Connecticut: The job of replacing the irreplaceable Darius Butler begins this week. Butler, who played cornerback, wide receiver and returned kicks for the Huskies, is out perhaps as long as the regular season with a knee injury. Junior Robert McClain will start at corner and will be backed up by Terry Baltimore. Freshman Jordan Todman will take over the primary kick-return duties. Butler had been playing about 12-to-15 snaps on offense and provided an electric presence that will be hard to match.

West Virginia: The Mountaineers' short-yardage woes resurfaced in the Cincinnati game, and some of that can be blamed on injuries. Fullback Will Johnson couldn't play because of a quad injury. Backup quarterback Jarrett Brown, who had been used as a blocker and short-yardage specialist earlier in the season, was still nursing shoulder and leg problems and couldn't go. Coach Bill Stewart said he planned to "turn him loose" for the Louisville game on Nov. 22. Center Mike Dent missed the Cincinnati game with a neck injury, and Stewart described him as "week-to-week."

South Florida: The banged-up Bulls could get running backs Mike Ford and Jamar Taylor back for the Rutgers game. Neither made the trip to the Cincinnati game because of injuries but were working out in drills earlier this week. The status of offensive lineman Zach Hermann (foot) and tight end Trent Pupello (concussion) remains unknown. Quenton Washington took over starting cornerback duties from Tyller Roberts for the Cincinnati game and is listed as the starter there again this week.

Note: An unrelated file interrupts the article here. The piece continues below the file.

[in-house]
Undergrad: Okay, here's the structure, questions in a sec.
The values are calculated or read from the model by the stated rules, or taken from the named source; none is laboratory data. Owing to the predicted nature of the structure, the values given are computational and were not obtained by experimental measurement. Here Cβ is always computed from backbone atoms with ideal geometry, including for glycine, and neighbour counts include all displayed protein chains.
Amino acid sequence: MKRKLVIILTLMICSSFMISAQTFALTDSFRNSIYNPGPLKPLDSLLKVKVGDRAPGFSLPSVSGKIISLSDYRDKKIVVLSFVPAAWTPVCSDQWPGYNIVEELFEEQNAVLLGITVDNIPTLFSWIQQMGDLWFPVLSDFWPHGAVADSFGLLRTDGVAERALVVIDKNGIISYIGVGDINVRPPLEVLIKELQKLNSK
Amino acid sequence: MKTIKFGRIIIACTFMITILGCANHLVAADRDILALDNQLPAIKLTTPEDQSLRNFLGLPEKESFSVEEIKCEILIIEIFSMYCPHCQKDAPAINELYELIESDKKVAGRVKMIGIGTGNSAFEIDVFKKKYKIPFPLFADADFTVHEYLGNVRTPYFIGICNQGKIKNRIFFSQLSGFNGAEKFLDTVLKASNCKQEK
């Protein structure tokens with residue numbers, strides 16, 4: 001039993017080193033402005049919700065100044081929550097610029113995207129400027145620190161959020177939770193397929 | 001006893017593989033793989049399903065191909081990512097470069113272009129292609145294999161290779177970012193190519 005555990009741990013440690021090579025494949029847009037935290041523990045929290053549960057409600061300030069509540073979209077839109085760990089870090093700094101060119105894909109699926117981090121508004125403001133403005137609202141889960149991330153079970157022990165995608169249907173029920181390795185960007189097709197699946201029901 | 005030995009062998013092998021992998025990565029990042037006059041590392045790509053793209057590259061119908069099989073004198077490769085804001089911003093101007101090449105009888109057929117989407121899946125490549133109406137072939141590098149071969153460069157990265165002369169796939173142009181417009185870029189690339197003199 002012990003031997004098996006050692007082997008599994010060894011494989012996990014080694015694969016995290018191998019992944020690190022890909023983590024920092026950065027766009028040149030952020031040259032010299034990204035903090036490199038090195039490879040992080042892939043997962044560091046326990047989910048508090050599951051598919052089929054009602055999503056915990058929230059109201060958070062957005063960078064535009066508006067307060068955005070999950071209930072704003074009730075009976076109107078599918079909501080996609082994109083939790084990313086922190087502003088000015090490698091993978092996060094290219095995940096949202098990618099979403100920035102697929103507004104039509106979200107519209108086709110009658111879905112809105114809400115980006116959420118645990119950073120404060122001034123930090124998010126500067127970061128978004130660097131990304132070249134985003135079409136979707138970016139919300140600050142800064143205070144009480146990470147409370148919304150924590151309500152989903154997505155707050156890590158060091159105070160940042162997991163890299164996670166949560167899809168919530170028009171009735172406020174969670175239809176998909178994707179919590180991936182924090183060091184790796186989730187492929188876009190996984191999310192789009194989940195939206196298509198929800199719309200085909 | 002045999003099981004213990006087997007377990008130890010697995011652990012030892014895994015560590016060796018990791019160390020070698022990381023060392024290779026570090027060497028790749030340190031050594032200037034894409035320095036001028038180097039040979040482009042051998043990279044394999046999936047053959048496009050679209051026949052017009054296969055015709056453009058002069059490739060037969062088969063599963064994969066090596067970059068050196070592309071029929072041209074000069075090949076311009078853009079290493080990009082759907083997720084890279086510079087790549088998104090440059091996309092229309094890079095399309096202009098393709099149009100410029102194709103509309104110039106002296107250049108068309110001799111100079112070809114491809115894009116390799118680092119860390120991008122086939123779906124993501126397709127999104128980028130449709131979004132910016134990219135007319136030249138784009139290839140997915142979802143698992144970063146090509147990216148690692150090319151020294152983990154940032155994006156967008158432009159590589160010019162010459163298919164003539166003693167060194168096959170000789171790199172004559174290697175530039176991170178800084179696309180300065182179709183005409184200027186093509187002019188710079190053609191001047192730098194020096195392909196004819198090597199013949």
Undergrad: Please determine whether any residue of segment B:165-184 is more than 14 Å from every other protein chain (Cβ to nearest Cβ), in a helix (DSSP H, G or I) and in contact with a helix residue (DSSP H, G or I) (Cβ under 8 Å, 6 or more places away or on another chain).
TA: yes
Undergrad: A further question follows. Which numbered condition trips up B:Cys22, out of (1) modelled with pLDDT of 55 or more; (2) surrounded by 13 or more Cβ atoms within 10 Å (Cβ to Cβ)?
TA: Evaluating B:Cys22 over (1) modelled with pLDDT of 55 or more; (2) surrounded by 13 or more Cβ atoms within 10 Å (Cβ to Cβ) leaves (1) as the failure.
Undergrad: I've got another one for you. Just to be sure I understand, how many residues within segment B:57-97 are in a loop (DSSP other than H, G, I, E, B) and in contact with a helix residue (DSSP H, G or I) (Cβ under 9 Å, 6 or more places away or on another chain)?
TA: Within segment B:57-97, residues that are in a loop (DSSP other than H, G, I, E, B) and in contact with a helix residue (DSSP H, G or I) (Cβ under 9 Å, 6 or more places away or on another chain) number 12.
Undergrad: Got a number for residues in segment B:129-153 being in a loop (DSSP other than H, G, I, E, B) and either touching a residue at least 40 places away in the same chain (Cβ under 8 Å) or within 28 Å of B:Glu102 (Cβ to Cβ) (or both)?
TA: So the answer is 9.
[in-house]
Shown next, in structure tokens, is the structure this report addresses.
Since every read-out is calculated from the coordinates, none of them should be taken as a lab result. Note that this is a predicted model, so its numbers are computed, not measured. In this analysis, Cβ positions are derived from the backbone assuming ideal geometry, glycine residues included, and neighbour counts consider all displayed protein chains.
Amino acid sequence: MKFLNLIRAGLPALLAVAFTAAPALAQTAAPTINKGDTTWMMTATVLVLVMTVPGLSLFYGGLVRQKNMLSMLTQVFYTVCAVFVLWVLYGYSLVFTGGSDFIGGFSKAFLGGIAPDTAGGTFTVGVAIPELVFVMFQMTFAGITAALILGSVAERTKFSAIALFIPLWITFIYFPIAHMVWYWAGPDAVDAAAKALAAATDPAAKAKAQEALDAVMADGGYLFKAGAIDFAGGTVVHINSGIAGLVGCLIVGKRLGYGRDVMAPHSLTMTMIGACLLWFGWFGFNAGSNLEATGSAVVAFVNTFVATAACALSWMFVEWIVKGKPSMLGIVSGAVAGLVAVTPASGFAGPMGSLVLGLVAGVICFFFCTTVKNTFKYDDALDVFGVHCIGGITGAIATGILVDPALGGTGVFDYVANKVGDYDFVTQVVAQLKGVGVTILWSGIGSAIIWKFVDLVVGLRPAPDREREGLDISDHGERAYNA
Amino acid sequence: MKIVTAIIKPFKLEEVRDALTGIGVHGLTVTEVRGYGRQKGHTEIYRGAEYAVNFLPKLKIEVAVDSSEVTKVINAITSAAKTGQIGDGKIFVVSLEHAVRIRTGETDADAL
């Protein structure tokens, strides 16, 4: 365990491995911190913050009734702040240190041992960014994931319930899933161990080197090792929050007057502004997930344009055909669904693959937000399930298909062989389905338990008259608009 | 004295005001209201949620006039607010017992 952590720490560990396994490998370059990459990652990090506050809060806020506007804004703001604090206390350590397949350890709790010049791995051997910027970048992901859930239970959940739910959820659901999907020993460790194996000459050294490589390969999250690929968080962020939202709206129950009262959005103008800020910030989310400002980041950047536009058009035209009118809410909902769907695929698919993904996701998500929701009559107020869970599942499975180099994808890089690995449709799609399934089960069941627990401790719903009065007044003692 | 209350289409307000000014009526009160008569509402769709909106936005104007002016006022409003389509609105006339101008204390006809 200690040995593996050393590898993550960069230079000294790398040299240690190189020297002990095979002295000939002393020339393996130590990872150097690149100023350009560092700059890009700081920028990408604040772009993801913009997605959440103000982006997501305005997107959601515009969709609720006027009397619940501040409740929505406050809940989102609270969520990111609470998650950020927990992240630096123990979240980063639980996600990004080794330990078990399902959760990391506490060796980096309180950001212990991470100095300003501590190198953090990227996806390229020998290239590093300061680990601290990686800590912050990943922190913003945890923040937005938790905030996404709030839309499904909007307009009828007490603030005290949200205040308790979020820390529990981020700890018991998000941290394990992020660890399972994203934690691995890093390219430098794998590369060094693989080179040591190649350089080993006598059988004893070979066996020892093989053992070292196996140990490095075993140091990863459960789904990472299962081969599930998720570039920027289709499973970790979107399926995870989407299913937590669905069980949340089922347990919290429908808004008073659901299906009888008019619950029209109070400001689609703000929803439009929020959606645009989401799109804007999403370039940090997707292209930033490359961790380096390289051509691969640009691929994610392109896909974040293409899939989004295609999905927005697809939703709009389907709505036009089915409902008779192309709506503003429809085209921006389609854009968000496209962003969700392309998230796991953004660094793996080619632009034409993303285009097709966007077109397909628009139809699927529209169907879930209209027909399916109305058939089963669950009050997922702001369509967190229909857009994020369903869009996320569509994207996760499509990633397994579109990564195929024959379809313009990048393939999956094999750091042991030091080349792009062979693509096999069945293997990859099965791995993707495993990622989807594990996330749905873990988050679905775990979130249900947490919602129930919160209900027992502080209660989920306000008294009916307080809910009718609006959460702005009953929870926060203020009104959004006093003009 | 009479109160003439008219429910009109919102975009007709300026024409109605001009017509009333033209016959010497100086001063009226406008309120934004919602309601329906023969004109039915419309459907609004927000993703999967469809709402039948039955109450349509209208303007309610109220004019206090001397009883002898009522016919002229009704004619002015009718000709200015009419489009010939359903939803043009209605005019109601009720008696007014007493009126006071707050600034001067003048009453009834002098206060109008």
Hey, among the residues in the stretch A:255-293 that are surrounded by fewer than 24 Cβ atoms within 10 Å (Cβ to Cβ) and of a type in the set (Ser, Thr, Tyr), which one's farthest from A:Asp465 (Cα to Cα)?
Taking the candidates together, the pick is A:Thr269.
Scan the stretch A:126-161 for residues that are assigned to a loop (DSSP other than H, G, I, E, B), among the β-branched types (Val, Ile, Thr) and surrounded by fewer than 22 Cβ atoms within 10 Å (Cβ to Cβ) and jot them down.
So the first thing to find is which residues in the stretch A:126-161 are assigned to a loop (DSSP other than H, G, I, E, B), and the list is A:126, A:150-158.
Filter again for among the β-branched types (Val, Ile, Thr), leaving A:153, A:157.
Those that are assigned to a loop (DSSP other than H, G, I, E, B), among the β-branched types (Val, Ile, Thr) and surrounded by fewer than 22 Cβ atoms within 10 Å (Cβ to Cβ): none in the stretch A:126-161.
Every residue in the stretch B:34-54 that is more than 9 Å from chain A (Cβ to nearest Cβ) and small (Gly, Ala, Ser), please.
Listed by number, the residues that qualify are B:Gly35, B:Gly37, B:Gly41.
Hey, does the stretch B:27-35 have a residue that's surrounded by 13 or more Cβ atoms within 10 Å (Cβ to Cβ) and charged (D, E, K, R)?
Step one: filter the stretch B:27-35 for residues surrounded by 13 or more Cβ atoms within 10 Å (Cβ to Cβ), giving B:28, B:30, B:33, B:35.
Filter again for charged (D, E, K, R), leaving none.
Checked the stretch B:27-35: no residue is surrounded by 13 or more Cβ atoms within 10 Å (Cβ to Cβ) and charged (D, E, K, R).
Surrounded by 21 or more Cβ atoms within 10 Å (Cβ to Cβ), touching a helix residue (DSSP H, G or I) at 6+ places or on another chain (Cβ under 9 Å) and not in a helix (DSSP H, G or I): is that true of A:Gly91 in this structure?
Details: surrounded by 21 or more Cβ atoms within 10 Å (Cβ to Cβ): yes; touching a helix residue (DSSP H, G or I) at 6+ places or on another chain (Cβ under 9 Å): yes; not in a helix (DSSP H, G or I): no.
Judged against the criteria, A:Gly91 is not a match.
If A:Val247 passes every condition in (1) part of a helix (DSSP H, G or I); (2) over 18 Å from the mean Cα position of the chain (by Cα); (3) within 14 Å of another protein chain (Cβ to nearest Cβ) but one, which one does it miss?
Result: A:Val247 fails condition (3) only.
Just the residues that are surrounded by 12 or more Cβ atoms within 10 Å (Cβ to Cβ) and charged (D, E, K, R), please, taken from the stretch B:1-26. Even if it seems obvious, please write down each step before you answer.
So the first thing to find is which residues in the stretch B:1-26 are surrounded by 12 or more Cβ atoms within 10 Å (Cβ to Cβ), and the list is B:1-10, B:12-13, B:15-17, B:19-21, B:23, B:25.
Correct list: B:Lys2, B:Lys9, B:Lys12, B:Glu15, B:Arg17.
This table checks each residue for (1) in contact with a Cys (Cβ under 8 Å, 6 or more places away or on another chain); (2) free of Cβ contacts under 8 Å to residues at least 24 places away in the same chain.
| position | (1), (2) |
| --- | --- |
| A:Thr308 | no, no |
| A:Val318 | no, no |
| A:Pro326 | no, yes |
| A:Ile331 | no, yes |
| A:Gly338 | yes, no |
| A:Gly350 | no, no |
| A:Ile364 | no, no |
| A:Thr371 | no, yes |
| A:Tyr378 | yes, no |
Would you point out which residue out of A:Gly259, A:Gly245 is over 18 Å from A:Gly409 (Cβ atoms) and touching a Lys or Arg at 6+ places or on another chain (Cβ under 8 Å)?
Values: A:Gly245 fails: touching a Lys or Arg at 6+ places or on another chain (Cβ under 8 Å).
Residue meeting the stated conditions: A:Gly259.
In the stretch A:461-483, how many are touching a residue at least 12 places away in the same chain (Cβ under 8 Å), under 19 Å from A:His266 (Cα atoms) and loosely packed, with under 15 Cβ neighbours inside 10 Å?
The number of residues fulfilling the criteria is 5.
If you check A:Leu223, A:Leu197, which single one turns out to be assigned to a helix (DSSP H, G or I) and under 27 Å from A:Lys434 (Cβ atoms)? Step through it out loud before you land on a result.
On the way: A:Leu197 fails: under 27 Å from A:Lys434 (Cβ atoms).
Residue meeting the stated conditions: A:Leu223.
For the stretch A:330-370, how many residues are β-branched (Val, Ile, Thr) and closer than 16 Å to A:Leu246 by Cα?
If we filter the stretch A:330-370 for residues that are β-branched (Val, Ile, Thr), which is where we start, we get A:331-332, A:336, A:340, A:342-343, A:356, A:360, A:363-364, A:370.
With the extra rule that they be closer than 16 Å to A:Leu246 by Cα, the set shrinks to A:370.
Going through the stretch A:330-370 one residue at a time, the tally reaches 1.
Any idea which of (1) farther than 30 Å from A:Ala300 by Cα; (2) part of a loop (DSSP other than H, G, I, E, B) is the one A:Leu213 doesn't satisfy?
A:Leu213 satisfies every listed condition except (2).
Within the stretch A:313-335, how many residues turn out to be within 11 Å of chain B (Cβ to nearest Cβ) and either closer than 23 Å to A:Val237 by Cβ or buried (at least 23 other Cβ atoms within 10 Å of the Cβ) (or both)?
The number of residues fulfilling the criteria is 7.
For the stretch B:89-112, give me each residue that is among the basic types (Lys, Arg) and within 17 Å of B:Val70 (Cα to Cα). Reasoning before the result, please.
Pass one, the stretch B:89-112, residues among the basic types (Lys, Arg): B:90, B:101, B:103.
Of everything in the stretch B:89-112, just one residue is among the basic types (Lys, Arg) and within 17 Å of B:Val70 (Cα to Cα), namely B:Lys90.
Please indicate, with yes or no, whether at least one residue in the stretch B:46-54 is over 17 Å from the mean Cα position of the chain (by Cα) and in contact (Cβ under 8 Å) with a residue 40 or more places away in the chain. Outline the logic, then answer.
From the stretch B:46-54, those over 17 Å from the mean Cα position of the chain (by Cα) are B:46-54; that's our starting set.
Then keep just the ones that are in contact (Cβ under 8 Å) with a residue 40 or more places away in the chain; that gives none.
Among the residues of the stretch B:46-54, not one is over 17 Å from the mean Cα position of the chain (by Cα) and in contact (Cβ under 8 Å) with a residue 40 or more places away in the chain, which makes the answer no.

Syracuse: Orange coach Greg Robinson will stick with Cam Dantley as his starting quarterback this week against Connecticut, but backup Andrew Robinson will see time. The coach hasn't specified how much or what role Andrew Robinson would play. Third-string quarterback David Legree told the Syracuse Post-Standard that he feels he's ready to play after two years in a back-up role. Tailback Delone Carter returned for the Louisville game after a four-week absence with a hamstring problem. He did not play against Rutgers, but Greg Robinson said that was not a health issue.

Big East internal affairs

October, 29, 2008

Posted by's Brian Bennett

Connecticut: Donald Brown's amazing season has left Andre Dixon a forgotten man this season. Dixon actually led the Huskies in rushing last season, but he's only gotten three carries this year as Brown has piled up more than 1,300 yards. Dixon was slowed by an ankle injury at the start of the year but is healthy now. UConn coach Randy Edsall says Dixon hasn't done anything wrong and is contributing on special teams; there just aren't enough handoffs to go around the way Brown is performing.